TO achieve success in boxing requires a degree of aggression and the valiant heart of a fighter. No amount of technical mastery can compensate for a lack of intestinal fortitude. That said, the reverse is also true. Strategy, intelligence and a fighter’s ability to channel their violent tendencies at just the right time can separate the fan-friendly brawler from an elite-level operator. Fury is better when disciplined, power when utilised sparingly and in a timely manner. A combatant’s natural fire should never be fully extinguished, merely harnessed and incorporated into a formidable, effective package. This became training legend Emanuel Steward’s mission after he was commandeered to work with Miguel Cotto – temporarily as it transpired.
The Puerto Rican hero was coming off his second punishing stoppage defeat – to Manny Pacquio, the first against Antonio Margarito – and Steward had noted, through his role as an HBO announcer, that while Cotto’s tenacity and fitness remained unrivalled, his technical skills and tactics bore little resemblance to those exhibited by the former World Junior silver medallist and 2000 Olympian in his amateur days.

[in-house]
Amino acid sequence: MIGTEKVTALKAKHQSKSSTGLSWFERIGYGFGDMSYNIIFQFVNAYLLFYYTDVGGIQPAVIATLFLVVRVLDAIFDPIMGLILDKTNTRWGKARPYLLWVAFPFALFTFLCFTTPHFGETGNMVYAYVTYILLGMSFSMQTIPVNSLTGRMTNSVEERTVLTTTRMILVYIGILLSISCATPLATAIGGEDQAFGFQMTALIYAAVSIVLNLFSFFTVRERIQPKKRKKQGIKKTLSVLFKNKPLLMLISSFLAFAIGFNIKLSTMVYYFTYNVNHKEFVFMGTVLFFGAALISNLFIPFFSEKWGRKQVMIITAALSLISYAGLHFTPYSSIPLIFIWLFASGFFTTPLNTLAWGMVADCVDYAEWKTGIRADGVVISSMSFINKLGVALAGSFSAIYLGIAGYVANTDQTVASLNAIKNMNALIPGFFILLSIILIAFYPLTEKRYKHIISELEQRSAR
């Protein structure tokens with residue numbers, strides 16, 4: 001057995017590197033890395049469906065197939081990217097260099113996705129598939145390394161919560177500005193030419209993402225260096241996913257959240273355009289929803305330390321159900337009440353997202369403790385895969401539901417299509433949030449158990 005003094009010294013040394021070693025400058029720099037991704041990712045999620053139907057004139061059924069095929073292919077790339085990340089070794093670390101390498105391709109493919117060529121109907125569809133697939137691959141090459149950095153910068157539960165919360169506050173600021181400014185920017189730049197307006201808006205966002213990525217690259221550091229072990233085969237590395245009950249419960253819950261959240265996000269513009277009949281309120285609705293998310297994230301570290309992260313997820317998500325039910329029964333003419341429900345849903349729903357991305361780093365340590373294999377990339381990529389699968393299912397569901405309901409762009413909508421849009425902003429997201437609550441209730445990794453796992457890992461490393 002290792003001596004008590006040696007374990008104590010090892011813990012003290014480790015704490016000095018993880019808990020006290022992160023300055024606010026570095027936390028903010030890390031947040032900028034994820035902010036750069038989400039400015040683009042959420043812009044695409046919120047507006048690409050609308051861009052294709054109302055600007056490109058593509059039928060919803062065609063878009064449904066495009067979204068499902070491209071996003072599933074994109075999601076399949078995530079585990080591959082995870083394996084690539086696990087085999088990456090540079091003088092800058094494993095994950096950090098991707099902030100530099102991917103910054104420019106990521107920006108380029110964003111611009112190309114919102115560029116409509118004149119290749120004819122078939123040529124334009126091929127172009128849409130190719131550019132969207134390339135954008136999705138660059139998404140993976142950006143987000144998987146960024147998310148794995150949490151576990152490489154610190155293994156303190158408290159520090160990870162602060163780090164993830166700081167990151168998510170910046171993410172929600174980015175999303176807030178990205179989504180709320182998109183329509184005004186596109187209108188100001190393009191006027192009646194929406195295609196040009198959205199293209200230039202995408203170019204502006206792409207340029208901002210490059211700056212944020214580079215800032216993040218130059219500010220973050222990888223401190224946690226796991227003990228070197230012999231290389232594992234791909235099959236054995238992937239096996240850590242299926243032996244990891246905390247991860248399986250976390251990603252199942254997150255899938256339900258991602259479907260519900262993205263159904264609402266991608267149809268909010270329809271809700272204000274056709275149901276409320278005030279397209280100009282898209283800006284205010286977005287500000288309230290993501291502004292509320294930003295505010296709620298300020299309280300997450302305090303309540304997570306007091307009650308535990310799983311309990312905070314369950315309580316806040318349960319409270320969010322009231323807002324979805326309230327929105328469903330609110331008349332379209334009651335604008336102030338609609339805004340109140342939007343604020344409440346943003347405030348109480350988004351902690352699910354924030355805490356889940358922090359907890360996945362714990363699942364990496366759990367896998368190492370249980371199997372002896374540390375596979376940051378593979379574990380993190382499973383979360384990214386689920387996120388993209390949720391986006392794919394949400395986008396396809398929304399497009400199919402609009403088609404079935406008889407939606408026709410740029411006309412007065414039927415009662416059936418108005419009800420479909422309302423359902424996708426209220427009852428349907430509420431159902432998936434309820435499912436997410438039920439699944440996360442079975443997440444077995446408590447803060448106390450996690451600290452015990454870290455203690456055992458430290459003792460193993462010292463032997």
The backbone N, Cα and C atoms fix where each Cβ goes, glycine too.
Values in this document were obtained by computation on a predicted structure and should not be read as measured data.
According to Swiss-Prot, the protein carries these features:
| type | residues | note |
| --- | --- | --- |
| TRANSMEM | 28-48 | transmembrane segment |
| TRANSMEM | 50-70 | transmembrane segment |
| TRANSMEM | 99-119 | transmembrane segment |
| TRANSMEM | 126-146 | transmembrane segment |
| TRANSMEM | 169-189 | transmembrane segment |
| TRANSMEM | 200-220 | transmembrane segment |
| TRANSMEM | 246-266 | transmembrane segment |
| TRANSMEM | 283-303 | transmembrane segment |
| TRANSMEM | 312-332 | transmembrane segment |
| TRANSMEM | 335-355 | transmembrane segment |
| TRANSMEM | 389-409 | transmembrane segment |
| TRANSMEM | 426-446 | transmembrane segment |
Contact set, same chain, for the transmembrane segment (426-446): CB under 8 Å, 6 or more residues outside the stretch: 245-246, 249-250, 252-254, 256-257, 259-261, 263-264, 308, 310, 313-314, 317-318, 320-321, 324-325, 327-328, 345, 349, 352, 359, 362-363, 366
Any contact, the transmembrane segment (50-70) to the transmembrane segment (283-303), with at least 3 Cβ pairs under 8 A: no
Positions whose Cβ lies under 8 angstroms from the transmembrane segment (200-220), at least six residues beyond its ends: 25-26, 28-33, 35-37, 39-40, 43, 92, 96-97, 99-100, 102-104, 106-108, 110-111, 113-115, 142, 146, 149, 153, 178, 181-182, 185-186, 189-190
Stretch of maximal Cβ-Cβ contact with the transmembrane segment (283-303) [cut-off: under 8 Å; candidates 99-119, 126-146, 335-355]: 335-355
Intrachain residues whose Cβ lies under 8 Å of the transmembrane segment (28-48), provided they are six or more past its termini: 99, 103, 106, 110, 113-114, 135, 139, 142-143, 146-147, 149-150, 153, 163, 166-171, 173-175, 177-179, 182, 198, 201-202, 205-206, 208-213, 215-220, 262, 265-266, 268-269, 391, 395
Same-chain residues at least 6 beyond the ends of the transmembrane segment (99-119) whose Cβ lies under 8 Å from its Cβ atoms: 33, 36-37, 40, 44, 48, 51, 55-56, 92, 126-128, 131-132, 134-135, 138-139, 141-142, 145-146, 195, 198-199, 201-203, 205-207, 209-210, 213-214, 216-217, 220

“I thought he fought with unbelievably bad balance, his head was too low – he’s about 5ft 7ins, but he was fighting as if he was about 5ft 2ins,” Steward explains. “Later, we were working one day on the pads and I stopped and said, ‘Let me show you something’, and I measured him: he was like 4ft 10ins. I said, ‘Look, this is how low you’re fighting. Sometimes you have to lean in the ropes and block punches because you fight too low and your feet are spread too far apart.’ His elbows were out too high, but the first thing I started working on was his balance, getting his weight evenly distributed.